Students "rigidly selected" from those earning the A.A. degree would complete two years of more specialized work leading to the Bachelor's degree, such curriculum to include also what ordinarily comprised the first two years of professional training. The third section of the College, the professional schools proper, would offer one- or two-year programs, depending on the field. This capstone of the educational system, with from only twenty-five to no more than one hundred students in each division, would require "a superlative quality of work," and be "the prize for which students compete throughout the first and second sections." He suggested, besides the existing schools of medicine, dentistry, theology, engineering, and the graduate school, schools of law, business, and teaching. This three-step pyramidal academic structure, based strictly on survival of the academic fittest, would all be housed on one campus so that a true university could be said to exist. Cousens was the first to acknowledge that his plan revealed "staggering proportions" and that it would take millions of dollars and probably the span of a generation to create. "A new educational objective" was the great task for the years ahead, and here it was.

The president realized that determination of educational policy was primarily within the province of the faculty, but in what he perceived to be "the present crisis" of higher education, Trustees and faculty had to work together. Possibly a joint committee might criticize and develop his plan. Whether he knew it or not, the way had already been paved for such a procedure. The faculty during Hamilton's administration had been concerned about the lack of close relations between faculty and Trustees, and Bumpus had pointedly called attention to the need for improved communication between the two bodies. There had been little opportunity to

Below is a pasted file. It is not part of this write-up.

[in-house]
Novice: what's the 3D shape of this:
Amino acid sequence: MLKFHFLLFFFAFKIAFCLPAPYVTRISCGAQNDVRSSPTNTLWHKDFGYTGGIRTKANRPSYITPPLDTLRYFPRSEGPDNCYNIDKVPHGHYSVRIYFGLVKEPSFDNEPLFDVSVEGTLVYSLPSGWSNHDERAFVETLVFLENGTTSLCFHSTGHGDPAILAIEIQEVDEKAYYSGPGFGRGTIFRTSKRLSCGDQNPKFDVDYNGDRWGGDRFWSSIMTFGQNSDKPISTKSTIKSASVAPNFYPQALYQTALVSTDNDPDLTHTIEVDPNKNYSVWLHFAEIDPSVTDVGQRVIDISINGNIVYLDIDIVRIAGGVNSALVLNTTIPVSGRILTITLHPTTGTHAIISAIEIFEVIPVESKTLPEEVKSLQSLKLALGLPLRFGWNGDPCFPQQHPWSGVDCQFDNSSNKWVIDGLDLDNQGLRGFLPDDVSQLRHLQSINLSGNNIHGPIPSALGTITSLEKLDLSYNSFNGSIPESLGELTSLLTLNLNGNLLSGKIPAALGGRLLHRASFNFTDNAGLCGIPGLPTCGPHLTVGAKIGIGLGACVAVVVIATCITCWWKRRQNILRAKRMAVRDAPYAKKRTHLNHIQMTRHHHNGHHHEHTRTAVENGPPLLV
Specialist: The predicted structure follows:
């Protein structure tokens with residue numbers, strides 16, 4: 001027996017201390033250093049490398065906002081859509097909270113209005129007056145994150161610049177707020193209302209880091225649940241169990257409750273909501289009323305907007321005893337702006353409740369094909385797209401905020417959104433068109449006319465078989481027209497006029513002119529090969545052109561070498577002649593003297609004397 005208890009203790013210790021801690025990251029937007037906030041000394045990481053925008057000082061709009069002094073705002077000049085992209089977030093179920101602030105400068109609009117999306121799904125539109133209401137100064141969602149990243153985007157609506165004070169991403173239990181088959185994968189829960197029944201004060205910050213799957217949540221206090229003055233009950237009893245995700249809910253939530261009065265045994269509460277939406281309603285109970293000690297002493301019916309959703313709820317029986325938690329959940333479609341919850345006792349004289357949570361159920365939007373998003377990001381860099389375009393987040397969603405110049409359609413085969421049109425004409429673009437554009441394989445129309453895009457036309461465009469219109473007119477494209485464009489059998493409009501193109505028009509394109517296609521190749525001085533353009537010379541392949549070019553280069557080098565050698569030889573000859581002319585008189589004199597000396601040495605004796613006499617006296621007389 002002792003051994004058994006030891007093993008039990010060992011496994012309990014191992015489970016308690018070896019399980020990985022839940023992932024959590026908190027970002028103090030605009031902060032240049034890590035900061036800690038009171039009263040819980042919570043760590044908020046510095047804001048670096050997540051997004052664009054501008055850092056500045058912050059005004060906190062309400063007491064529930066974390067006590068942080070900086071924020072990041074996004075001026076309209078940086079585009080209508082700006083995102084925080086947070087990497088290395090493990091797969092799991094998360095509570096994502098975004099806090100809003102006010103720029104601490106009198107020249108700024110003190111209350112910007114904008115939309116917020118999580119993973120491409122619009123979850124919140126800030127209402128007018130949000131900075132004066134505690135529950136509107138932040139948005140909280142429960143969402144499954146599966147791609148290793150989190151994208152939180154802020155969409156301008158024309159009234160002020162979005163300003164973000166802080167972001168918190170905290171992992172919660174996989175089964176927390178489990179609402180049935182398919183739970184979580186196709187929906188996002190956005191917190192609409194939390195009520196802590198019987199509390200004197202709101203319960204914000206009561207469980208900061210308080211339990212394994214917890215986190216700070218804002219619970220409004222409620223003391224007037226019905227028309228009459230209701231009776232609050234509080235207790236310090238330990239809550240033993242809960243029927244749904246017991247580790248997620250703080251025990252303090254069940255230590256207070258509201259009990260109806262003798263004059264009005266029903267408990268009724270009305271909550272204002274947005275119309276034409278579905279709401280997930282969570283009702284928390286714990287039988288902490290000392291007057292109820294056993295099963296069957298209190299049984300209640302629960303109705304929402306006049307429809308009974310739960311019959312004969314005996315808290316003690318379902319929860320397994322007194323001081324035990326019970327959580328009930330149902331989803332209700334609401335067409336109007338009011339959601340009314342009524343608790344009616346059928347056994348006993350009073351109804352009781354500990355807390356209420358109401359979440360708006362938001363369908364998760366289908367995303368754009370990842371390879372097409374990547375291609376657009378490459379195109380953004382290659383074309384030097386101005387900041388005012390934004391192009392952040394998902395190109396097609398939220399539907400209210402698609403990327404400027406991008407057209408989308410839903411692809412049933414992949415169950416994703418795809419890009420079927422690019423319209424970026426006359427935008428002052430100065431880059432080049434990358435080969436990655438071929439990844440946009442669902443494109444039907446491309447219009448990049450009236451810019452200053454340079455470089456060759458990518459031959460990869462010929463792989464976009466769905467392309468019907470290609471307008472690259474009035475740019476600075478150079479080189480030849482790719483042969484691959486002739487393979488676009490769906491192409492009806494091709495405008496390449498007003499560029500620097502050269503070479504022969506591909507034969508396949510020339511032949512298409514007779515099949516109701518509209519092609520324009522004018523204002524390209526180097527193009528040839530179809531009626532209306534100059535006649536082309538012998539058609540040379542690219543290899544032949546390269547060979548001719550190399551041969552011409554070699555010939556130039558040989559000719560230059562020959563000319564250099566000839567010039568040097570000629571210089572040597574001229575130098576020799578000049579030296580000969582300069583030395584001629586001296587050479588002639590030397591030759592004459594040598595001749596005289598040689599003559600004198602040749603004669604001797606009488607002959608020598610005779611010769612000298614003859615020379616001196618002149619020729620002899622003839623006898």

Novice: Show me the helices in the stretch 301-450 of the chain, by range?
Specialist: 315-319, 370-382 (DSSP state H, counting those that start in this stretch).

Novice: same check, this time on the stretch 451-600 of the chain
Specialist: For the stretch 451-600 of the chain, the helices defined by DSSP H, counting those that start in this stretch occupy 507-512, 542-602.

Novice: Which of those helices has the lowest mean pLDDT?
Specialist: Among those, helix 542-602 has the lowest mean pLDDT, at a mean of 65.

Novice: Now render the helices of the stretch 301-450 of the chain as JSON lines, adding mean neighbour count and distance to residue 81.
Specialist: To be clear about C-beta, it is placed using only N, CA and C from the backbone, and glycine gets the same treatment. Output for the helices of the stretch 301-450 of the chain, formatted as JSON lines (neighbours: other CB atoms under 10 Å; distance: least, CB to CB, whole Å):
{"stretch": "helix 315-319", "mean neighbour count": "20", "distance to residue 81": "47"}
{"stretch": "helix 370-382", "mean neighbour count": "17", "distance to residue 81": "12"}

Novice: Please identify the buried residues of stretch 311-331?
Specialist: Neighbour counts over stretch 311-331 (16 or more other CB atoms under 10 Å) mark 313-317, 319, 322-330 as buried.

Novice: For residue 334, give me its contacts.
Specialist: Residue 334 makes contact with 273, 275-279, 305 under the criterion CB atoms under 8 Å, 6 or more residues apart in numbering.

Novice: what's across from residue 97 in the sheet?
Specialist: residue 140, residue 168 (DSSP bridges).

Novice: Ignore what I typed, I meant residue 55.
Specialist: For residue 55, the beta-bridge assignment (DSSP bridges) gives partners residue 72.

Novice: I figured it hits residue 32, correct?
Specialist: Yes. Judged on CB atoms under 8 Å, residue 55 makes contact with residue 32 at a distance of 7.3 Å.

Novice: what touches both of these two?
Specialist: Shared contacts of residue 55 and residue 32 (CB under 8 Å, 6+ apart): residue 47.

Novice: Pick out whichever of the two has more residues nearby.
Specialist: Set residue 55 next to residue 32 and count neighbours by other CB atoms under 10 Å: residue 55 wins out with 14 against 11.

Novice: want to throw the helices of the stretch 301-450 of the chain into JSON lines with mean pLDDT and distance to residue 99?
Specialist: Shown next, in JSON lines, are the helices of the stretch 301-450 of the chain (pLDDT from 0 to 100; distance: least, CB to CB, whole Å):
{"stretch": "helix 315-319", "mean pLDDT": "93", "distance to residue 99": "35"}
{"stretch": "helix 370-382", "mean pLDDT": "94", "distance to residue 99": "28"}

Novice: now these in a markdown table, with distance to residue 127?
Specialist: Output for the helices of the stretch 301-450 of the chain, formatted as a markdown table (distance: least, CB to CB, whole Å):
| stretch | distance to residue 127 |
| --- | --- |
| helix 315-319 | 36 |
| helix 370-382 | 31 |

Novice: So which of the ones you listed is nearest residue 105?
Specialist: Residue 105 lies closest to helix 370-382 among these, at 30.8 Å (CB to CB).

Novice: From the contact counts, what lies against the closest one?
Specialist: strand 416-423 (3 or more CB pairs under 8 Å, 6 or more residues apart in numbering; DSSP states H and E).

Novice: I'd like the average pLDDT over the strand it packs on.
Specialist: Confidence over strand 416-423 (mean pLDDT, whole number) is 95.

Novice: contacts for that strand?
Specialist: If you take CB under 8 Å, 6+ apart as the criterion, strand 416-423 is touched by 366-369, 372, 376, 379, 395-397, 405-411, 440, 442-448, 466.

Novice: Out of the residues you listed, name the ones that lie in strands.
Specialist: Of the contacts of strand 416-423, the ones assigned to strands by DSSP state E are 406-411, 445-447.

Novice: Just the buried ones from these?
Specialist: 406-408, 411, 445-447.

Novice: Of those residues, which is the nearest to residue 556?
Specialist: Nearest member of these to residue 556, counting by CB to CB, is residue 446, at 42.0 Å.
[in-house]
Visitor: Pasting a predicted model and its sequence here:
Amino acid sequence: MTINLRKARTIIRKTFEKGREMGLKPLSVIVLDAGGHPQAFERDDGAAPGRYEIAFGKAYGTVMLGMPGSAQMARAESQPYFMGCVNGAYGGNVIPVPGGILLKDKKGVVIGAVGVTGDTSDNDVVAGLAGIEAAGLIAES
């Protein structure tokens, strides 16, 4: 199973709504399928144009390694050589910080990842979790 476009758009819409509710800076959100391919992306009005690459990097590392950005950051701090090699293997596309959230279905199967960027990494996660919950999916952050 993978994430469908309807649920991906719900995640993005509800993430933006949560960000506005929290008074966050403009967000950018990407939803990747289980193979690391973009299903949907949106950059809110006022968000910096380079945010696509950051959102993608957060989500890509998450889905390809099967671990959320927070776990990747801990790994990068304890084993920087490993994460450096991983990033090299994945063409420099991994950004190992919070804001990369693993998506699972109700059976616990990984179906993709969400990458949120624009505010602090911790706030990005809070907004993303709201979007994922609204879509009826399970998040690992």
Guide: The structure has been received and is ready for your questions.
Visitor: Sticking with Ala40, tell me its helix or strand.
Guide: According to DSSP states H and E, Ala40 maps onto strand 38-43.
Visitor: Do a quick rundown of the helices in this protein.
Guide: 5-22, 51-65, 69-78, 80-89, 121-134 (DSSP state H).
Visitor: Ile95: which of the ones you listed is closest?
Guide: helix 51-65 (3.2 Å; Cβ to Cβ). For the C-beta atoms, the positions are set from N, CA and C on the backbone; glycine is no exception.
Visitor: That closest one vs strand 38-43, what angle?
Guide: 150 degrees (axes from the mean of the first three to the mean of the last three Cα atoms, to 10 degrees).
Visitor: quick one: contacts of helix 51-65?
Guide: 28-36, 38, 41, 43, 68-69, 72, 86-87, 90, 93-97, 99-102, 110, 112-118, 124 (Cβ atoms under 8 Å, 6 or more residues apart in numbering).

523

consider this subject seriously during the critical years of the First World War. After more normal conditions returned, the Executive Committee in 1919 had taken up the question and had recommended that a standing Trustee Committee on Faculty and Curriculum be created, to confer and consult at least twice a year with a similar committee selected by the faculty. Its purpose was "to promote mutual knowledge, confidence, and co-operation . . . in all matters pertaining to the welfare of the College." The Board took no action on this proposal at the time. Cousens' reorganization plan, presented to the Trustees in 1923, failed to produce even a resolution.

The president did his best to get the faculty interested in general educational problems by appointing a committee to arrange for a series of informal meetings in 1925-26. That effort having produced no tangible results, a Committee on the Reorganization of the College was created in the spring of 1926; a year later a Trustee committee was appointed to work with the faculty committee, but no action was forthcoming from that arrangement either. Cousens reported ruefully to the Trustees that the faculty were "definitely opposed" to reorganizing the undergraduate program as a two-year unit, and there the matter rested.

Cousens' next attempt to introduce educational innovations occurred in 1928-29 but did not represent as radical a set of changes as his previous unsuccessful attempts. He proposed this time to reorganize the curriculum for seniors in liberal arts by relieving them of conventional course requirements, introducing the tutorial system and individual projects in their field of major interest, and requiring a general examination. Nothing having come of this proposal in terms of faculty response, Cousens then used the Trustees as a sounding board and intimated in 1930 that their basic obligation was to study "the ultimate objective of education," while that of the faculty was to make changes "in the methods of education." He was still hopeful that some day he would be able to convince a sufficient number of the right people that a large part of the senior year, at least, in the school of liberal arts could be devoted to distinctly professional training.